Modern medicine is moving towards a more personalised approach. Genome sequencing is an effort in that direction. Genetic expression variations in an entire set of genes are compared between humans to identify links of diseases to particular genes. Based on these differences, it can be deduced, even in advance, what diseases a person might be susceptible to or what drug might be most suitable. In that case, treatment can even be predictive.
At the same time, there is a growing interest in ayurveda, a 5,000-year-old system of traditional medicine. Ayurveda is usually considered to be completely delinked from modern medicine. We at IGIB, however, have been working for the last 15 years to find the connections between ayurveda and modern science, using genomics. Our research has produced some very promising insights into how ayurveda can be integrated with modern medicine for a much more effective treatment.
Ayurveda classifies healthy people on the basis of what it calls prakriti, that literally translates to nature, in English. Every person is supposed to have a fixed prakriti that is decided by three elements or tridosha. They are VPK: vata (V) that governs the kinetics of the human body; pitta (P), which is responsible for metabolism; and kapha (K) that is an indication of structure and stability of a person. Depending on the different proportions of these three elements found in people, ayurveda has seven classifications of prakriti.
Prakriti manifests itself in a person’s outer appearance, such as body frame, skin and hair type, metabolism, physical and mental activity, including response to environment etc. A disease is seen as vikriti, or perturbation of ‘VPK’ from its baseline pattern (prakriti). Ayurveda attempts to treat a person by removing the vikriti. In that way, it does not target the disease but the disturbance or distortion that led to a change in ‘VPK’ and restores a person’s prakriti. People of same prakriti often respond to similar treatment.
That being the case, in 2002, we started out by trying to see whether the classification of prakriti in ayurveda had any parallels with a person’s gene expression patterns. We wanted to see whether people of similar prakriti belonged to a similar gene pool. After a few years of work, we were able to show, in 2008, that this indeed was the case. People of same prakriti showed similar gene expression, and this was distinctly different from people of another prakriti.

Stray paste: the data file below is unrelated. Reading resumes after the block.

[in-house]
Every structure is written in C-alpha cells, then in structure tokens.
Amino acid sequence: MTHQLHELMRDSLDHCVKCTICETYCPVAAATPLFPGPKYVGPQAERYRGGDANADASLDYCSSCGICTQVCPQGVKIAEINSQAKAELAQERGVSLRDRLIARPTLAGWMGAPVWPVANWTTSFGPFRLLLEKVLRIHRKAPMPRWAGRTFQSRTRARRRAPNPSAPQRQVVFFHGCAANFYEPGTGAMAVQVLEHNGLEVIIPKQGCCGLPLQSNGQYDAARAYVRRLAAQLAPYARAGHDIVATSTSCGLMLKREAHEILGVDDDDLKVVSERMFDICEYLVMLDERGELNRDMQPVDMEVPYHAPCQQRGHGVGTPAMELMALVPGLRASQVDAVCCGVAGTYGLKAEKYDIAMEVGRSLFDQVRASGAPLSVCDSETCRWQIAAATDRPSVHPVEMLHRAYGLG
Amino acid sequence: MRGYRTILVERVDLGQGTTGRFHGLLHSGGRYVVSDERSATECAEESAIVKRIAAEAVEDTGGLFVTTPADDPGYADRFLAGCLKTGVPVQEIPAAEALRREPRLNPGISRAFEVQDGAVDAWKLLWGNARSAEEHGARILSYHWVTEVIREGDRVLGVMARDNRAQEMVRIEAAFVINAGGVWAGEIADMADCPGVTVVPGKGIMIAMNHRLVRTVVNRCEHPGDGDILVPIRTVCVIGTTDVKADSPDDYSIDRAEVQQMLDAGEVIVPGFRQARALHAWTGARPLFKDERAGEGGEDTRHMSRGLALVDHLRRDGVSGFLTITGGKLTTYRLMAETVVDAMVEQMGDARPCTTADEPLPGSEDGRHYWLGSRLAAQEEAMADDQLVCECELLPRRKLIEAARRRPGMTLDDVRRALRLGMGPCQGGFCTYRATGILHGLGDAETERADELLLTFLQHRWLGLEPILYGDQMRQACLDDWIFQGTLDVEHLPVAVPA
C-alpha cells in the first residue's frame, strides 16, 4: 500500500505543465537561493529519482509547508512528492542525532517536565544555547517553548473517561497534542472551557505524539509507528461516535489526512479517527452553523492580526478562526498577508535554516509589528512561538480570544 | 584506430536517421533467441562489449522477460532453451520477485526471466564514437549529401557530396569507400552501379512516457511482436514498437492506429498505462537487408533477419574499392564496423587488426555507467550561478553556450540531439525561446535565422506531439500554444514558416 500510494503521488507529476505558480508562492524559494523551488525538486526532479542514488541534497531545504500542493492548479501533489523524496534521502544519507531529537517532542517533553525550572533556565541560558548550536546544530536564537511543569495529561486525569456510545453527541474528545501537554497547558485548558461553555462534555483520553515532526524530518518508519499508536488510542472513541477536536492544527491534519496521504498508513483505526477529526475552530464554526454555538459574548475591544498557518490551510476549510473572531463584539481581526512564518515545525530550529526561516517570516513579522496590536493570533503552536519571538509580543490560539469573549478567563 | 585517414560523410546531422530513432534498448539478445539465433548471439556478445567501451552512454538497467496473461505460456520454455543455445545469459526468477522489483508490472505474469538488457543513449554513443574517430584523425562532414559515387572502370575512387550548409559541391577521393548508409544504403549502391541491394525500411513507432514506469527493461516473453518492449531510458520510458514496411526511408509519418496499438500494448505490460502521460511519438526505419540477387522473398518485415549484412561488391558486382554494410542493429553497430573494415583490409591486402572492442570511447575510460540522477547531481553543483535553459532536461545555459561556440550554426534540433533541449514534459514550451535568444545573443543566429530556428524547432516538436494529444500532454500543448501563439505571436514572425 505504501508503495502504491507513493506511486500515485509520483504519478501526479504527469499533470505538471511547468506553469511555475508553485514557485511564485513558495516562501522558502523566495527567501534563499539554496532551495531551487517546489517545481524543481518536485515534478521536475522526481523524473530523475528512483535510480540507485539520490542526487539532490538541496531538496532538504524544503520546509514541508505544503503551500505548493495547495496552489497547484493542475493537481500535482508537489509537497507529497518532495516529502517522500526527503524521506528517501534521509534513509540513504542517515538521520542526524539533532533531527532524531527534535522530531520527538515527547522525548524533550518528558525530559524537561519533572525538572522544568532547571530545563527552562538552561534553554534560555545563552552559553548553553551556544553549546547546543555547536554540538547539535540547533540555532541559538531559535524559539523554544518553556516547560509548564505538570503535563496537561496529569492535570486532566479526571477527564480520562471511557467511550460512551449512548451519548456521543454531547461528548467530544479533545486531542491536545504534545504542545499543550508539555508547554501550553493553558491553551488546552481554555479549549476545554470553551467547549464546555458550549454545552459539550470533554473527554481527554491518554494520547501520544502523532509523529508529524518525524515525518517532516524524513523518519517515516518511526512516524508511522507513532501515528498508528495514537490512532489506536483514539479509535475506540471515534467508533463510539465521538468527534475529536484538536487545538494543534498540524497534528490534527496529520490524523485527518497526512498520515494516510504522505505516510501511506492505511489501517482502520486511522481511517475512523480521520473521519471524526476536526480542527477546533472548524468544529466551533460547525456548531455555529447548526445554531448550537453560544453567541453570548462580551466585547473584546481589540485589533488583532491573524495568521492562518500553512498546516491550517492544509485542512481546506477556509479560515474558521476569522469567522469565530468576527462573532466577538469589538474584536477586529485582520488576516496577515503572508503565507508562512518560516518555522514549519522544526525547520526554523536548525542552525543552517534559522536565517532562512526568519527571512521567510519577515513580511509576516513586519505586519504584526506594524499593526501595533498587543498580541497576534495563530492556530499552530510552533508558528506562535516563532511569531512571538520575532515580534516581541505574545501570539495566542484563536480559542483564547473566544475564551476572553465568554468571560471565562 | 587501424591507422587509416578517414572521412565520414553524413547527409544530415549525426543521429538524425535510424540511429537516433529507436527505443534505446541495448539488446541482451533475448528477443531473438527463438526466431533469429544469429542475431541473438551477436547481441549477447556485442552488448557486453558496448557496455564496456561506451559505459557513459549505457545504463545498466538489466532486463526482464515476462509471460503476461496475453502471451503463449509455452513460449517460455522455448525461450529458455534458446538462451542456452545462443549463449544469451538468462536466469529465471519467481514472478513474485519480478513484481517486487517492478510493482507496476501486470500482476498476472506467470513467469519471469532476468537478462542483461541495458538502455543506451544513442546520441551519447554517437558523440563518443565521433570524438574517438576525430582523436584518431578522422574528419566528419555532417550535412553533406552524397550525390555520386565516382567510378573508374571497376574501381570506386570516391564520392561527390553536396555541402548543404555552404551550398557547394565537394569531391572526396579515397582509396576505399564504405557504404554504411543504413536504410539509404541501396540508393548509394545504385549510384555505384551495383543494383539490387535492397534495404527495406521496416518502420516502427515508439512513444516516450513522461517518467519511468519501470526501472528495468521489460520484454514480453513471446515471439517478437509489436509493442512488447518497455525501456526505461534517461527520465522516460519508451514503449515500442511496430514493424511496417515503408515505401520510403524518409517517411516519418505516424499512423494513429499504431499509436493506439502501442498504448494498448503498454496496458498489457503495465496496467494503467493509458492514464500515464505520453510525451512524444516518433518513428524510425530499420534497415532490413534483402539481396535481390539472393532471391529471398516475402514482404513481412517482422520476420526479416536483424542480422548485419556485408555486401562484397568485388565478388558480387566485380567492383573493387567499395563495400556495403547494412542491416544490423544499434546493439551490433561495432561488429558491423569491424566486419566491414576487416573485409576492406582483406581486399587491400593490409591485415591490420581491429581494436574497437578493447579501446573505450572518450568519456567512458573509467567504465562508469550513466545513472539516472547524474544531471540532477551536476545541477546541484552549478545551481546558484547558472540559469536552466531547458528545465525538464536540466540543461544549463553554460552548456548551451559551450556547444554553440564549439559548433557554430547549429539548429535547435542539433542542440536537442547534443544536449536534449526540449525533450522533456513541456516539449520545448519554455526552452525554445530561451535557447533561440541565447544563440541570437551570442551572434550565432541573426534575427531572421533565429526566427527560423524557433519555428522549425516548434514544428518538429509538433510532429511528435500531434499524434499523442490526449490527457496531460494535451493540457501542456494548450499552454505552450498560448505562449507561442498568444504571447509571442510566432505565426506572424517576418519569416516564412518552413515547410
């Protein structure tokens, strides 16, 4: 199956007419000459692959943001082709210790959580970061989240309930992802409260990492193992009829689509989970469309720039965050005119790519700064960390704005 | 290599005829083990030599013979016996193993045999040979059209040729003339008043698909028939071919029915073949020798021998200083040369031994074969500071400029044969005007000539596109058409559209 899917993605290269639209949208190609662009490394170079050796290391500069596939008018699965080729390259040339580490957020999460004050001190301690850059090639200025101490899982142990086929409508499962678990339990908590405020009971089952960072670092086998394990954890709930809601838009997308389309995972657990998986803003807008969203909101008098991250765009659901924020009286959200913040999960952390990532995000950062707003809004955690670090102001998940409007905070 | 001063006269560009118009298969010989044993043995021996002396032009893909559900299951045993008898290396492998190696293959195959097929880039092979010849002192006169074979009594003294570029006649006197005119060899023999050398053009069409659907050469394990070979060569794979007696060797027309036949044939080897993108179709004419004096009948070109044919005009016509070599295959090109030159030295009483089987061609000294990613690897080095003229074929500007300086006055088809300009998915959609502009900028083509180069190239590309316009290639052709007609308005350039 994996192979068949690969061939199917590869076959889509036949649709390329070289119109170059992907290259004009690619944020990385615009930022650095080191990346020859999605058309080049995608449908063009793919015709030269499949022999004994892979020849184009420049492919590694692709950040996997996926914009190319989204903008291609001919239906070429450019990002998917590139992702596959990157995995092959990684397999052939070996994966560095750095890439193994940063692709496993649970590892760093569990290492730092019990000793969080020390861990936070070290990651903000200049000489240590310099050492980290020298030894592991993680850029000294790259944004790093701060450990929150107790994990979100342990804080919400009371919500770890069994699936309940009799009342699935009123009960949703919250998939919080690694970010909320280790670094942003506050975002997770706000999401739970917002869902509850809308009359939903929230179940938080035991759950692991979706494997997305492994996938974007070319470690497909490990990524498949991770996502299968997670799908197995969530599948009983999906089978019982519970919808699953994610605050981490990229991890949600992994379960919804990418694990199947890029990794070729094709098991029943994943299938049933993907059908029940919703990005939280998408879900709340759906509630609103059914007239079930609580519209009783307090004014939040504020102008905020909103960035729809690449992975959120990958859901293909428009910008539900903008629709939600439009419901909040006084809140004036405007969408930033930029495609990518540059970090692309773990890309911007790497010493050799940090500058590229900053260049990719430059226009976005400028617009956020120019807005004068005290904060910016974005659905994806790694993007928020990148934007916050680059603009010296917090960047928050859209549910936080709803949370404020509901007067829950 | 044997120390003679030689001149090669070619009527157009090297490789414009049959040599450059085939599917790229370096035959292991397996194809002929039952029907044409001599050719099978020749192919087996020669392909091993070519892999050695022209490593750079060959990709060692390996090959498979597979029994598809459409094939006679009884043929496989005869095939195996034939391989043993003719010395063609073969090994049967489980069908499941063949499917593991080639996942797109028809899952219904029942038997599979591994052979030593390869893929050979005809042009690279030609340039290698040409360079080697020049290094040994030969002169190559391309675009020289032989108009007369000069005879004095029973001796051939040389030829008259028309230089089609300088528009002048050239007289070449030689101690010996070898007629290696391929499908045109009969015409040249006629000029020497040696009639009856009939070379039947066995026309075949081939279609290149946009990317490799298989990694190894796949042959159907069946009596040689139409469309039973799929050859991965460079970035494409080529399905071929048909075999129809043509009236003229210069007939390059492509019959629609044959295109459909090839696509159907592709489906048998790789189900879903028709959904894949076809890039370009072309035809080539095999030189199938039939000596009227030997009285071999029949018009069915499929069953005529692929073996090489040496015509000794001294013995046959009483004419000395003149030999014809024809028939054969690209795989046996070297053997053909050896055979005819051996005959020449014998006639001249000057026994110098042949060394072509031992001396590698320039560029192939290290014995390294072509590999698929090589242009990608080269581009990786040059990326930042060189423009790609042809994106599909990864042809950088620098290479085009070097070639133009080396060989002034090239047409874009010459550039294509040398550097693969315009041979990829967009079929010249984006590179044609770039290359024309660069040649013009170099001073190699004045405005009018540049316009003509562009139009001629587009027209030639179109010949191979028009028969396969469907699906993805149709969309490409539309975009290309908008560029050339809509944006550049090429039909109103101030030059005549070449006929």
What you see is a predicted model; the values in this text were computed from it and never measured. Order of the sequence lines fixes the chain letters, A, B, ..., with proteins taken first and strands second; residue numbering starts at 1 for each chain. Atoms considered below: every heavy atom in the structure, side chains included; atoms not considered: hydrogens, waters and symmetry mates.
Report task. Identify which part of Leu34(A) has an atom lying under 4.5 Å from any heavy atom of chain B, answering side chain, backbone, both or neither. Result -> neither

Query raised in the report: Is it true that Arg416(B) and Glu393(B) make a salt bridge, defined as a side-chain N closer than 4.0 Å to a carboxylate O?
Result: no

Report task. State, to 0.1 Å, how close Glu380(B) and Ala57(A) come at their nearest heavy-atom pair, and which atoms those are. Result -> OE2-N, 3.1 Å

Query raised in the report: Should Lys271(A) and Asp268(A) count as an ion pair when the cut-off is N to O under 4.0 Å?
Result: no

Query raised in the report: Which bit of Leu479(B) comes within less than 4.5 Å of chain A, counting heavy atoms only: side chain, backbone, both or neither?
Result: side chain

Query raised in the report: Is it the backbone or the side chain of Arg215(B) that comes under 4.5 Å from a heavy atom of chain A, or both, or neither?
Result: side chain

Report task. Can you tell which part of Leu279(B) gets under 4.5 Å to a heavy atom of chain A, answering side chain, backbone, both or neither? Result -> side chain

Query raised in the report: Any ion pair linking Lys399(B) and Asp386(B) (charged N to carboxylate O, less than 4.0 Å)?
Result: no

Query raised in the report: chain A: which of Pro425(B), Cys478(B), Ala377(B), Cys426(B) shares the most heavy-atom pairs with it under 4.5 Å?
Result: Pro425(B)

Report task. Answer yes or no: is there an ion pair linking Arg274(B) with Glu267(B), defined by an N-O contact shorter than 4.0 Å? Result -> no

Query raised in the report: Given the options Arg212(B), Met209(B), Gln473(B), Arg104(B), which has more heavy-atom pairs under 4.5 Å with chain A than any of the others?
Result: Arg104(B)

A bigger breakthrough came two years later, when we were able to produce much stronger evidence of the link. We were observing differences in oxygen sensor gene among prakriti individuals that help human beings calibrate their bodily activities according to the amount of oxygen supply. This gene senses low oxygen levels and helps the body adapt accordingly by modulating its physiology. This sensory gene is very active in people who live in high altitudes. Pitta group are more like residents of high-altitude areas, whereas kapha group are more similar to those who develop pulmonary oedema in high altitudes.
Thus, adaptability to high altitudes might be predicted on the basis of the prakriti of a person. Our findings were published in the Proceedings of the National Academy of Sciences (PNAS) journal in the US.
We are now testing the effect of ayurveda-based phytopharmaceuticals in relevant disease conditions using the approach of ‘Ayurgenomics’ — integration of the knowledge of ayurveda and genomics.
We have started a new unit at IGIB called ‘TRISUTRA’ dedicated to the study of Ayurgenomics and have established teams in five cities that have ayurveda hospitals. These hospitals are currently conducting prakriti screening in 20,000 people to further validate our results. Several doctors from AIIMS and other hospitals are also collaborating with us on this project.